Following the tradition that was started in 1932 by her father, King George V, Her Majesty The Queen broadcast her inaugural Christmas Message live on the radio from her study at Sandringham, Norfolk in 1952. The Queen began: “Each Christmas, at this time, my beloved father broadcast a message to his people in all parts of the world. Today I am doing this to you, who are now my people.”
Thankfully, this “new medium” of television, as The Queen put it some 59 years ago in 1957, took hold thus allowing for The Queen’s Happy Christmas message to be seen and not just heard each year on Christmas Day. This first televised Christmas broadcast by The Queen was also filmed at Sandringham House in Norfolk in 1957. I love her calling television a landmark as it allowed “so many of you to see me”.
History of the Christmas message…
Sir John Reith, the visionary founding father of the BBC, convinced King George V to speak “wirelessly” to the Empire to inaugurate the BBC World Service. It wasn’t a particularly easy task as he microphones at Sandringham were connected through Post Office land lines to the Control Room at Broadcasting House. From there connection was made to BBC transmitters in the Home Service, and to the Empire Broadcasting Station at Daventry with its six short-wave transmitters. The text of the first Christmas speech, which was transmitted a 3:05pm was written by poet and writer Rudyard Kipling.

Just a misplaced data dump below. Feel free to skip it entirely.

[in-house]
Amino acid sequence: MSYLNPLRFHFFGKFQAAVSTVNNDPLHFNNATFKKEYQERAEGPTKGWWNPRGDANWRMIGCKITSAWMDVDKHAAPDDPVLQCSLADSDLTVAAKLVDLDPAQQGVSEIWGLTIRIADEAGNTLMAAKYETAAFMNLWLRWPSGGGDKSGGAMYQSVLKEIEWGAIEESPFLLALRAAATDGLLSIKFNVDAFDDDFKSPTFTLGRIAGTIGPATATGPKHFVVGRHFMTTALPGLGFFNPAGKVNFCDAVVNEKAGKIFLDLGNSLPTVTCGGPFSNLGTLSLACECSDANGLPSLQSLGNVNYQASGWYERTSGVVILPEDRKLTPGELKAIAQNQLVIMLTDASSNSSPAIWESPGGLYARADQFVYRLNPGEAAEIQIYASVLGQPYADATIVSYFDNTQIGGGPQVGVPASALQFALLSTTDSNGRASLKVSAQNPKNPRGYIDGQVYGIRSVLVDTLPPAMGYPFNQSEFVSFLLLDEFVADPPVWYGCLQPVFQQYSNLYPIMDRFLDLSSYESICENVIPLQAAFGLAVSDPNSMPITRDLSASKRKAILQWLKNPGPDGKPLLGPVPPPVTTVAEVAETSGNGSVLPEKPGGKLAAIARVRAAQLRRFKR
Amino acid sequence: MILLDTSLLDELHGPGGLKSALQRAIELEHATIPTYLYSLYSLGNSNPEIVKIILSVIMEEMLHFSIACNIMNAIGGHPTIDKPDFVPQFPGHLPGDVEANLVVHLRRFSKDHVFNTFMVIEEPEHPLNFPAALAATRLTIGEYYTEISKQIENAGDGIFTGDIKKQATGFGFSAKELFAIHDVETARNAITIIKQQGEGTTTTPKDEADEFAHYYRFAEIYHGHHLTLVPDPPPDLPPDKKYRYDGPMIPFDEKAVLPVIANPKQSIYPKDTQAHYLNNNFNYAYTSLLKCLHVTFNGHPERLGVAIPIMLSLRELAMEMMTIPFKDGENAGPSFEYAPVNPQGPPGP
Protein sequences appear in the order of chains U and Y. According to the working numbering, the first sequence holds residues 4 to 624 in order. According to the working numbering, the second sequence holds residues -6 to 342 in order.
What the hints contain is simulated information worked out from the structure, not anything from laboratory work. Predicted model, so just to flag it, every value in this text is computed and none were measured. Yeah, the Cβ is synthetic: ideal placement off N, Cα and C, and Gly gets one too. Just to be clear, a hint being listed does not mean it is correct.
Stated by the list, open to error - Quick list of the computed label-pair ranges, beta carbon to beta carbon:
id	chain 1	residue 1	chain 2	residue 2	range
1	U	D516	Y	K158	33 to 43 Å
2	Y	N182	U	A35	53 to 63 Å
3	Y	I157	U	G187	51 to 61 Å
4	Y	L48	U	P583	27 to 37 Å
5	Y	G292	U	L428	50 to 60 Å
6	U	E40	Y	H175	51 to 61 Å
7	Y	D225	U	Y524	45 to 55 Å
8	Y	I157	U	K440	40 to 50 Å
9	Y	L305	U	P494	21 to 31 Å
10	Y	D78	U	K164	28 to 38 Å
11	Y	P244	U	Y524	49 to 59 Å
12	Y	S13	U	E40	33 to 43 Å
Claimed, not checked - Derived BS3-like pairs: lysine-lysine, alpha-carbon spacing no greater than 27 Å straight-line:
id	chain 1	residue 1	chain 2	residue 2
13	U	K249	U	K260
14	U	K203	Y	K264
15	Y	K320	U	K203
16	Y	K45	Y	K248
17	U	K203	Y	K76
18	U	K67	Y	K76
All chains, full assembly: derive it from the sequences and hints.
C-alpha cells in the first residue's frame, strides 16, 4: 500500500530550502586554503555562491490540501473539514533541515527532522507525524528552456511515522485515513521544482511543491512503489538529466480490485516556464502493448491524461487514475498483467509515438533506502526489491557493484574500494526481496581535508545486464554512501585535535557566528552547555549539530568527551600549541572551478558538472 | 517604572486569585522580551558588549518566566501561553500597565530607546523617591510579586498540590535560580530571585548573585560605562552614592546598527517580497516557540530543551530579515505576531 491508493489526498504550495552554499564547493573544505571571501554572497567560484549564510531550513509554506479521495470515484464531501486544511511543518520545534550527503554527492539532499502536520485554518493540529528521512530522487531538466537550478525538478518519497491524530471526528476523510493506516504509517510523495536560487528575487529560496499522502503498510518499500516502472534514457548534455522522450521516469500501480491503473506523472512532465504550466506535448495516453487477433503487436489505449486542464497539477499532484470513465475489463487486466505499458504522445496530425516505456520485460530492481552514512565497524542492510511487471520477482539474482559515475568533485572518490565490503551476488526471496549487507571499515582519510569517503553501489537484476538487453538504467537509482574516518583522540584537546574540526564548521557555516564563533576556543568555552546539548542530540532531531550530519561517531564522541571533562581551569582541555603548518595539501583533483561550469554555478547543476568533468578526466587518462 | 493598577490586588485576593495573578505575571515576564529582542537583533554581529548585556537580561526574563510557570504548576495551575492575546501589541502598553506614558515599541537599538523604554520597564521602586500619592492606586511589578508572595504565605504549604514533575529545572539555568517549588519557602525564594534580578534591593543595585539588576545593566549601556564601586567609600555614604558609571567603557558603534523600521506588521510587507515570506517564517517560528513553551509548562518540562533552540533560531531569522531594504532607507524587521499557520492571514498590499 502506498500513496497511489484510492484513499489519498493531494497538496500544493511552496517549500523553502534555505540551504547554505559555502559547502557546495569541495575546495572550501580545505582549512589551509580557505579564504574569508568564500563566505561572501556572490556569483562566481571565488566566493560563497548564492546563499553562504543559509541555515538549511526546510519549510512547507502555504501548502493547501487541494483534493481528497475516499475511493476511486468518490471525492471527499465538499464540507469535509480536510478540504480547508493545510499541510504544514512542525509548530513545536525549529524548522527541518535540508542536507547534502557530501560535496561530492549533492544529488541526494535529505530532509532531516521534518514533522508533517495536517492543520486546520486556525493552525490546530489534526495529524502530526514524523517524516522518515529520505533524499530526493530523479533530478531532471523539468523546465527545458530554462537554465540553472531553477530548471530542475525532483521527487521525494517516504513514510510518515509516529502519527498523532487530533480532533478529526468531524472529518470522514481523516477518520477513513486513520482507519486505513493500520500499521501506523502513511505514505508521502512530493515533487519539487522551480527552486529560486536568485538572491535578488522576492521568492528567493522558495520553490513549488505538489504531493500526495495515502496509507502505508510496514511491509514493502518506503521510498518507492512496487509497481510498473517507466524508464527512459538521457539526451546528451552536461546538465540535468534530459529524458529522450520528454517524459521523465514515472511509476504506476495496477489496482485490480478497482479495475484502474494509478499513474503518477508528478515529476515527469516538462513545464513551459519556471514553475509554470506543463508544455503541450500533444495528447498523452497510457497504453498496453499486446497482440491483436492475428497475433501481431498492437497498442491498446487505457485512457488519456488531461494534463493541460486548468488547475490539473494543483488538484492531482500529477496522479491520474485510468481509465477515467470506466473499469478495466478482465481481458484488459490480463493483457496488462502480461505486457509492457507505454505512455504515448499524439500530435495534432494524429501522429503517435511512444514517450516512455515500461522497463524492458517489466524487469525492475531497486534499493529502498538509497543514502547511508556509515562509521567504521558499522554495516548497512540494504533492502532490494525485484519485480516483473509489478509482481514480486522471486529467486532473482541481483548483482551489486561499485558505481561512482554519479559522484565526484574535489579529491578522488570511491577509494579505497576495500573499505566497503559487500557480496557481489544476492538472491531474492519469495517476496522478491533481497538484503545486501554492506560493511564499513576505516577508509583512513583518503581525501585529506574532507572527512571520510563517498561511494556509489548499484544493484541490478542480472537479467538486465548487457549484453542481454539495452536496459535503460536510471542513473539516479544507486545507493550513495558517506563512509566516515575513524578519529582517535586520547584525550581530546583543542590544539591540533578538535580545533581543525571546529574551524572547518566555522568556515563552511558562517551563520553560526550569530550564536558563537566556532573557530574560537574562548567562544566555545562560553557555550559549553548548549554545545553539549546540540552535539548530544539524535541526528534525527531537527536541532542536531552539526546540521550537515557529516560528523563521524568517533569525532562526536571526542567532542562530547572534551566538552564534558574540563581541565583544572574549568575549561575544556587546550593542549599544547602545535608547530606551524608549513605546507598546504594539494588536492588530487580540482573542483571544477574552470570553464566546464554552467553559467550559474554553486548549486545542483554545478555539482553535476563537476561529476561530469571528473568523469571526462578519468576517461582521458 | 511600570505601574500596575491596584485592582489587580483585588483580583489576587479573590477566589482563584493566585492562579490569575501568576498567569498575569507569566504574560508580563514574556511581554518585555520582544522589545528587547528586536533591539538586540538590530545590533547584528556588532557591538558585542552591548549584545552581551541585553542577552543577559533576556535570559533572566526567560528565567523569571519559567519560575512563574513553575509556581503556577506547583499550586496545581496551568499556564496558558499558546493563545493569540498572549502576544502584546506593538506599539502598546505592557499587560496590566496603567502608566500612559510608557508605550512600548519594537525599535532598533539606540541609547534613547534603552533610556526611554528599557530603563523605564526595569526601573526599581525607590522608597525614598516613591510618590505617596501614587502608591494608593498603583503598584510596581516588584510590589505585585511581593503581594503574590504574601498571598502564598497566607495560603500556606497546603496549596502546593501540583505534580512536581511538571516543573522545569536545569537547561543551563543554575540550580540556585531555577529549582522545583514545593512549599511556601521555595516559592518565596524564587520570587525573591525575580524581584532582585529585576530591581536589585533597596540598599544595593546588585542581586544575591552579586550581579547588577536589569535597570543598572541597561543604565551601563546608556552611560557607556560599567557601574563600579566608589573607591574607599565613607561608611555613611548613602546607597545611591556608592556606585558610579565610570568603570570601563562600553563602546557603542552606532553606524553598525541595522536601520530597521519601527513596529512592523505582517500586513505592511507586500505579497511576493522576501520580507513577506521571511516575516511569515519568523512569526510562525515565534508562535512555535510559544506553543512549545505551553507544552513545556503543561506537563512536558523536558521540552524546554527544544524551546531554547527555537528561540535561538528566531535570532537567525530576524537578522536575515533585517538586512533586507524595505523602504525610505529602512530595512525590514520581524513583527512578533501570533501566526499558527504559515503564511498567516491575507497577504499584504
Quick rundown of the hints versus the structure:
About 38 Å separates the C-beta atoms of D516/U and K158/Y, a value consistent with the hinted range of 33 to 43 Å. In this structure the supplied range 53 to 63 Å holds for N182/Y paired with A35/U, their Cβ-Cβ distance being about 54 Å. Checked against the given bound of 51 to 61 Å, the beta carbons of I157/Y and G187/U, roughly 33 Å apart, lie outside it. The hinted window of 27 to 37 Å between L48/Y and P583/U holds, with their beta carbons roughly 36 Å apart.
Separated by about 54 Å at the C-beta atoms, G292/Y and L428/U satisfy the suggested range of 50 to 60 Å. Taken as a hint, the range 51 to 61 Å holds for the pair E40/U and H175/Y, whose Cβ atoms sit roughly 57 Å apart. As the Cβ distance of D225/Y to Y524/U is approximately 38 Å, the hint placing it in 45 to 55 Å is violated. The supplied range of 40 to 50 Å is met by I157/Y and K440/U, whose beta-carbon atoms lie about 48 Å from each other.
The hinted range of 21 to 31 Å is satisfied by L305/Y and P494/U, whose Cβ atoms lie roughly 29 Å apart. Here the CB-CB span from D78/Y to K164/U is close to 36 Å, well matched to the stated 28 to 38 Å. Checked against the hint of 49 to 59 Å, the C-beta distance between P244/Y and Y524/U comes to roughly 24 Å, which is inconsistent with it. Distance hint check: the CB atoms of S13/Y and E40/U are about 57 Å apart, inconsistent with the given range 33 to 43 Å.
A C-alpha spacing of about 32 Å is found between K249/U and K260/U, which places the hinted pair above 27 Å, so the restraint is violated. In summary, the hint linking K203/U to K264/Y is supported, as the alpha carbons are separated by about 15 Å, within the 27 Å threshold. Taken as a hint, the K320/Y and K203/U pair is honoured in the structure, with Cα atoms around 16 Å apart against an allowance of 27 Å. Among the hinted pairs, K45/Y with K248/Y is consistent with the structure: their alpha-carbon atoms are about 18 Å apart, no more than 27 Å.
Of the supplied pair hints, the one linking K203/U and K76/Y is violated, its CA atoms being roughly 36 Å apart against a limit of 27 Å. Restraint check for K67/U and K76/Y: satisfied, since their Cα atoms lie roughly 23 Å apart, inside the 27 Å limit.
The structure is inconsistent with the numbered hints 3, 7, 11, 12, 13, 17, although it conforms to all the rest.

For the inner-Anglophile in all of us, here’s a comprehensive transcript list of all Christmas message’s from The Queen from her initial message following the death of her father, King George VI in 1952 to present day.
Happiest of holidays to all from Tellyspotting! and, Her Majesty The Queen.
In: Odds & Sods